Ash Wednesday marks the start of the Lenten season and as Catholics prepare themselves for the Easter feast, Pope Benedict XVI has his mind on those who “no longer keep the Lenten season in any special way.”
Starting on Ash Wednesday, which this year occurred Feb. 22, the faithful and the curious can follow the Pope on Twitter, an attempt “to attract the media-savvy generation and entice them to find out more."
That’s according to Vatican Radio, in an online news report posted by The Vatican Today, which anticipates the thought that might come to mind in learning that one can follow the Pope on Twitter:
Is “it all just another technological gimmick that ‘dumbs down’ the message of the Church?”
Not at all, according to Monsignor Paul Tighe, secretary of the Pontifical Council for Social Communications, who is quoted as saying, “many of the key Gospel ideas are readily rendered in just 140 characters.”
Will the @Pope2YouVatican handle be confined to Lent?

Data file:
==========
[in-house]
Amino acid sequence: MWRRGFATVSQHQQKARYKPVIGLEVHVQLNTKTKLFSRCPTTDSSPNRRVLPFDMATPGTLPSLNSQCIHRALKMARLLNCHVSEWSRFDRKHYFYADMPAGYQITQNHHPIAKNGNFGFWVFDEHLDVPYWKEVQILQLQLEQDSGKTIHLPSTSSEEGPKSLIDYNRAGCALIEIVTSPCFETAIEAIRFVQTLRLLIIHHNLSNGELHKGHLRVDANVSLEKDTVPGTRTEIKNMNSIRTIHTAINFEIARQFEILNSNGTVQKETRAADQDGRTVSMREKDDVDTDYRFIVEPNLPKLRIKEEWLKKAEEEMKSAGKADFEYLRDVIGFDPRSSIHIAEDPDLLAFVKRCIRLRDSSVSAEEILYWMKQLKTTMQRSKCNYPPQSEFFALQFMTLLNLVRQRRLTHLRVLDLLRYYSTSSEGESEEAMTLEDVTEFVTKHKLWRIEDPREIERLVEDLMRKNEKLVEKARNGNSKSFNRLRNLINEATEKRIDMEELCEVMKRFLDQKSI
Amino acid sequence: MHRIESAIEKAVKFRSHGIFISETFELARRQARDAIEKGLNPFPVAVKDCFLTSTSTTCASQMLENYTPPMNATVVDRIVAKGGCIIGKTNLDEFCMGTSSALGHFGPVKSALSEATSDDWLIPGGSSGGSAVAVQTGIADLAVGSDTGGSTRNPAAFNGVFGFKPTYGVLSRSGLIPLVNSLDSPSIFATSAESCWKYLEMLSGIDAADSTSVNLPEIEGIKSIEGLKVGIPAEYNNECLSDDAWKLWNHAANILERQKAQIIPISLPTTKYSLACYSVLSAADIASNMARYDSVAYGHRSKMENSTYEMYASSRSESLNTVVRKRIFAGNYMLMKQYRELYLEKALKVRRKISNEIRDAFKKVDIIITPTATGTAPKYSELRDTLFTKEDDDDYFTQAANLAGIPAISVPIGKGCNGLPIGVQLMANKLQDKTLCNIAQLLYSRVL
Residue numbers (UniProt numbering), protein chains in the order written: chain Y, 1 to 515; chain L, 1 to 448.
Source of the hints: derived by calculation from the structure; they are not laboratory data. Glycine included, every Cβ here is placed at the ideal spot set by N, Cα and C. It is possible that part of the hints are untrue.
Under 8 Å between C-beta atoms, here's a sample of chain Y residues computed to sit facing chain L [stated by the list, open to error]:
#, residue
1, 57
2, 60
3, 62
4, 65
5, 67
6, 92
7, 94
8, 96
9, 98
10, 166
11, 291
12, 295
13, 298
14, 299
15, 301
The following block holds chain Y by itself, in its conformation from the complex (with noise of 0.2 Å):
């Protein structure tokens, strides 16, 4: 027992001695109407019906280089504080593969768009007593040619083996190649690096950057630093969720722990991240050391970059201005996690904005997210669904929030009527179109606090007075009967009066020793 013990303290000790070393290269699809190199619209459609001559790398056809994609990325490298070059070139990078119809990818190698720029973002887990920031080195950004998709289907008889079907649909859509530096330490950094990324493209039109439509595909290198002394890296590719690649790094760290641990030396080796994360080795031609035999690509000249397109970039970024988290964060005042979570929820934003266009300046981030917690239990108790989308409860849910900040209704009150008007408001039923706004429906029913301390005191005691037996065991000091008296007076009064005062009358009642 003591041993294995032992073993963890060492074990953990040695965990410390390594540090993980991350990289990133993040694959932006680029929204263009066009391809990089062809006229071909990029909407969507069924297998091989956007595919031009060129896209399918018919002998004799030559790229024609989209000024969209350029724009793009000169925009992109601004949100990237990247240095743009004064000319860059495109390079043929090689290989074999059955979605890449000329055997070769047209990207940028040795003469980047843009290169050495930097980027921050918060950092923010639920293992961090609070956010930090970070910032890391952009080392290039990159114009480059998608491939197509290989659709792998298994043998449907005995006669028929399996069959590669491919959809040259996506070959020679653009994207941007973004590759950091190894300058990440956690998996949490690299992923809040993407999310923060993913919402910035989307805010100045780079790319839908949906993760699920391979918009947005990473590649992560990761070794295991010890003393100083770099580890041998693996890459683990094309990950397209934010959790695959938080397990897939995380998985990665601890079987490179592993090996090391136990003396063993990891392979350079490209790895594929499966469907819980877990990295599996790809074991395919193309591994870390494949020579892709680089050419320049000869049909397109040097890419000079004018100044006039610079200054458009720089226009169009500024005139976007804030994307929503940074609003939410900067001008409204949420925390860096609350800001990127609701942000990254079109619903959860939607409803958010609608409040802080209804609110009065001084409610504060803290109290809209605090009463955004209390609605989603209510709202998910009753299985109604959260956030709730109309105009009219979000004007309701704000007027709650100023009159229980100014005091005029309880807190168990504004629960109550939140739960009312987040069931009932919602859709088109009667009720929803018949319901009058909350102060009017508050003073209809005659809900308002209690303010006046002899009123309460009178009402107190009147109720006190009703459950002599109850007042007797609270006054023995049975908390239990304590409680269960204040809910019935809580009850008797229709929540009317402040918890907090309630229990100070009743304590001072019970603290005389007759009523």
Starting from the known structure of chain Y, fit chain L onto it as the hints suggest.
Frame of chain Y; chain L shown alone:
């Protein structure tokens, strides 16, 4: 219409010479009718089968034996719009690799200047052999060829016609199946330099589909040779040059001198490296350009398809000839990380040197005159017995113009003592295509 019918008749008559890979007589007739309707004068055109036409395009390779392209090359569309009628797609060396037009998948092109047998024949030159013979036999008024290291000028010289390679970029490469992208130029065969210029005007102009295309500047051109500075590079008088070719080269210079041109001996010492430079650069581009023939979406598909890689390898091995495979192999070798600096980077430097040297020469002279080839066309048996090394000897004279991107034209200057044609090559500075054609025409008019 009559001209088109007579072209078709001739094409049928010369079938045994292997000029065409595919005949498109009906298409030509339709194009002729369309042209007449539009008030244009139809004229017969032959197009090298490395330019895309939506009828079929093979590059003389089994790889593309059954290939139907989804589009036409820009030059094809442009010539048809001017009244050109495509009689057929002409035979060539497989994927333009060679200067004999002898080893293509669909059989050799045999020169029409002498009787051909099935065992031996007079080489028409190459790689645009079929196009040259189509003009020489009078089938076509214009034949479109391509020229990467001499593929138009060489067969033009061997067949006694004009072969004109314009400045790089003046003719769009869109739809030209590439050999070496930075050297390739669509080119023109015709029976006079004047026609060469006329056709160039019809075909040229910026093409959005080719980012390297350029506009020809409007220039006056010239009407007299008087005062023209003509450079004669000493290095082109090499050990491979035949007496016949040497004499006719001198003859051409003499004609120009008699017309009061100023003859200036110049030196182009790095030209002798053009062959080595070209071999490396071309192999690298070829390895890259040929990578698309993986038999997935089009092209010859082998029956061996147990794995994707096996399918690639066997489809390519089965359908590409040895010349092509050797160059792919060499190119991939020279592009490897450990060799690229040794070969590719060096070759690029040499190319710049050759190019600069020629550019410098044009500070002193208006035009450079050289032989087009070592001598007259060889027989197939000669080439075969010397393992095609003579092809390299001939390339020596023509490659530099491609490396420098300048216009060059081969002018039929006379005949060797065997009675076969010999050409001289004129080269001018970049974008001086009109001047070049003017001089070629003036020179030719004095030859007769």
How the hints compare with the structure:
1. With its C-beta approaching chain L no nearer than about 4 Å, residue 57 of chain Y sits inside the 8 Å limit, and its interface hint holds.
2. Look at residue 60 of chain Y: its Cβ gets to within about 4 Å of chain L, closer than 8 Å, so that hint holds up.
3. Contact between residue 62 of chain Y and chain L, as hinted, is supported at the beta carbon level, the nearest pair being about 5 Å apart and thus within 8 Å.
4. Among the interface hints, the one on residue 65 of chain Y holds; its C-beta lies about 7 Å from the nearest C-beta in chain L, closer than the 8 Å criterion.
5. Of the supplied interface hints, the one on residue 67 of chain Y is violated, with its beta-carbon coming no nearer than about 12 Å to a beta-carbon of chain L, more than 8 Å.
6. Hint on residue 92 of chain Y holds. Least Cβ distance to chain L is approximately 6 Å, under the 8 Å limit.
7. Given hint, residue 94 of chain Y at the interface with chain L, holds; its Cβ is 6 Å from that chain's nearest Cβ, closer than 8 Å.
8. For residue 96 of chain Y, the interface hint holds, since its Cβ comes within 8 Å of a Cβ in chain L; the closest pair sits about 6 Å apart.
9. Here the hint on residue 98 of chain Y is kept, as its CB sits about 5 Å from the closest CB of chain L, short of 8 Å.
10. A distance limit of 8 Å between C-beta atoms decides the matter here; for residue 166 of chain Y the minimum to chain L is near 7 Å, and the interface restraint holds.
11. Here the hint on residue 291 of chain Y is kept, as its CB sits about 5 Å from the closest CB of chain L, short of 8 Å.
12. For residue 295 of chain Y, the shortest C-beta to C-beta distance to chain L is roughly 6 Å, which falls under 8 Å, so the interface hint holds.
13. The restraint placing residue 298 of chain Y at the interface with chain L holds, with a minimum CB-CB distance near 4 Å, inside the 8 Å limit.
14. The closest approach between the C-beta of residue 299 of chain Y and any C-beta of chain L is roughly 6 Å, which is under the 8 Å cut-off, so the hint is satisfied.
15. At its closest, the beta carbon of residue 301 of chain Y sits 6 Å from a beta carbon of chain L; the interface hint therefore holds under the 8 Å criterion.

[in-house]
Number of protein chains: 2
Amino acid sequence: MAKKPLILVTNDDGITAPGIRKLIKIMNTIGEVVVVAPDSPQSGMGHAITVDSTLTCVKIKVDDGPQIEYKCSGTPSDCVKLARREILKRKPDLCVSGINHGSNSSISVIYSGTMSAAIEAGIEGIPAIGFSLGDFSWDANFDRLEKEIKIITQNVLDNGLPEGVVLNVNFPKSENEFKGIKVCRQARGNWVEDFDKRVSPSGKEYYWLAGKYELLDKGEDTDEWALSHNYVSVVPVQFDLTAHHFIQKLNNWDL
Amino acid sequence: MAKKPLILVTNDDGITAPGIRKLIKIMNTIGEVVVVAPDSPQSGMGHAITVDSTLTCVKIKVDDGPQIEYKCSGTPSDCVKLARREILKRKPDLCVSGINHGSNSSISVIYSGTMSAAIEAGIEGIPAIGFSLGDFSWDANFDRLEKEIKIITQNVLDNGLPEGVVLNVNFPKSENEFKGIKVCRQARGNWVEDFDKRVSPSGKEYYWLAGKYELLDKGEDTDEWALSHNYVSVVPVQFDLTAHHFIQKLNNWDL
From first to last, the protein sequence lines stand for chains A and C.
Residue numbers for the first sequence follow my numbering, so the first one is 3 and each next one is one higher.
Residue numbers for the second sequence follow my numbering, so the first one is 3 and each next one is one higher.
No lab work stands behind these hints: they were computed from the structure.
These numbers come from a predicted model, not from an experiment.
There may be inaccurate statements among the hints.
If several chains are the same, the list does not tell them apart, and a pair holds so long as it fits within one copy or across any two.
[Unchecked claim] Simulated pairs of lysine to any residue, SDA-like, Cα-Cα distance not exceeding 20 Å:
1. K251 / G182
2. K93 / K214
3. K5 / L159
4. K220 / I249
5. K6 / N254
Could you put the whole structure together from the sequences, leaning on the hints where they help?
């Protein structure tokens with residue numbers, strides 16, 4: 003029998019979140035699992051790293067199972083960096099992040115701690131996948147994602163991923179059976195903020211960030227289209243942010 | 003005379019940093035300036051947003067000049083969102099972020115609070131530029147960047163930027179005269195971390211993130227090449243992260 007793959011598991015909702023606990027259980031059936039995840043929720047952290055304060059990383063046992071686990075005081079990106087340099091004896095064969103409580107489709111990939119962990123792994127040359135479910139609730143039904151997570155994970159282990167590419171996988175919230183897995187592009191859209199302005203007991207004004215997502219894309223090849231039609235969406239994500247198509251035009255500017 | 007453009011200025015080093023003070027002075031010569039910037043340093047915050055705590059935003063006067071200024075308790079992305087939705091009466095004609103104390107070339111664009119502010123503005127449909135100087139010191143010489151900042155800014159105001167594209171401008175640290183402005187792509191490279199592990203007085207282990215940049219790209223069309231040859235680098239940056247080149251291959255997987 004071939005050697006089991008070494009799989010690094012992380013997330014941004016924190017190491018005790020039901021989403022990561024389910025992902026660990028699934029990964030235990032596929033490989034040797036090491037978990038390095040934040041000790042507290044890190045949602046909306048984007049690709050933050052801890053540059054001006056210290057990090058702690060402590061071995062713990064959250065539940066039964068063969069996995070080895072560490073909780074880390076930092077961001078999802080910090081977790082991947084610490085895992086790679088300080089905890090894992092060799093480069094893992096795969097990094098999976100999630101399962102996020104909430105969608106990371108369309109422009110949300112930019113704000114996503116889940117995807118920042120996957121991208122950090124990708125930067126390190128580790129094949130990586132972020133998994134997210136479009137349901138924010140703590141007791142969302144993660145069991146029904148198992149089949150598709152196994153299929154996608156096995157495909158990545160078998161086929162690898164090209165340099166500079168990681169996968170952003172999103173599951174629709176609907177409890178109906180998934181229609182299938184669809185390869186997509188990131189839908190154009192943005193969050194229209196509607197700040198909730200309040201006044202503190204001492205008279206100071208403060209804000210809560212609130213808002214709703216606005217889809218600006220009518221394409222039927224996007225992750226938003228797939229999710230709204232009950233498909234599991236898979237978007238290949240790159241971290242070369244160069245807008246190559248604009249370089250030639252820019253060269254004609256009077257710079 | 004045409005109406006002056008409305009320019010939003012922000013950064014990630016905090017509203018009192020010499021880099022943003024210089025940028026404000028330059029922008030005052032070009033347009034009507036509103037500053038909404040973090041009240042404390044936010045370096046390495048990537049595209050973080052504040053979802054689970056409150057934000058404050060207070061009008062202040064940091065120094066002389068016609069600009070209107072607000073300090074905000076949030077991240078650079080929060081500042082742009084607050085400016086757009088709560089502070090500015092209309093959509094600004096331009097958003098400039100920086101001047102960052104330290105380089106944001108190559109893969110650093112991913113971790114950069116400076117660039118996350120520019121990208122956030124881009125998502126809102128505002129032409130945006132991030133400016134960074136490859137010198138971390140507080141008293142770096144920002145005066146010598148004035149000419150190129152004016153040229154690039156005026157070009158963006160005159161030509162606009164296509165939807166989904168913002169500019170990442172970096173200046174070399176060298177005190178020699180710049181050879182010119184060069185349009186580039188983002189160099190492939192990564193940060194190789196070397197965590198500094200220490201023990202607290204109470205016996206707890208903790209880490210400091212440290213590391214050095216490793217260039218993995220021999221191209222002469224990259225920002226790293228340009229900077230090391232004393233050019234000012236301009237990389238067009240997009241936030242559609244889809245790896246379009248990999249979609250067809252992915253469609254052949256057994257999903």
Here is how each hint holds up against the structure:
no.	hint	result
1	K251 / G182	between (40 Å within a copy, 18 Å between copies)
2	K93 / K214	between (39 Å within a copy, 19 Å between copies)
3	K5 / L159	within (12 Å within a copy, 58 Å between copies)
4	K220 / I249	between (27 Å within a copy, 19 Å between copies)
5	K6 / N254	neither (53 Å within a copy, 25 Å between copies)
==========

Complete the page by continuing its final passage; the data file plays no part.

Not likely, given the “phenomenal success” the site had at the time of its launch, reported to be “more than five million hits in the first week or two of its operation,” according to Tighe.
The Telegraph reports that the Pope first tweeted on June 29, 2011, noting that “the Vatican has embraced the use of social media platforms to spread the Church’s message and has been encouraging priests to blog and engage with their communities online.” (Editor's Note: Priests are invited to join the Patch blogging community by becoming one of our “Local Voices.")
Tighe noted that the “level of interest was such that we’ve kept [the tweets] going by focusing on the big themes in the life of the Church, Christmas, Easter, World Youth Day."
As of 4:50 a.m. Feb. 23, @Pope2YouVatican had 4,418 followers and 526 tweets. Tweets can be followed as well at www.Pope2you.net, which includes iPhone and iPod Touch applications and invitations to meet the Pope on Facebook and watch the Pope on YouTube.
Coming each day during Lent will be postings focused on themes from Pope Benedict’s 2012 lenten message, with the likelihood that future papal speeches and documents will be posted on Twitter in a similar way.
"To those who say it’s dumbing down, no, this is entry level, to provoke people’s interest,” Tighe said. “This is not the only way the Church speaks but it’s an avenue that is open to us and it’s pithy, succinct and it’s one I think that we’re quite good at.”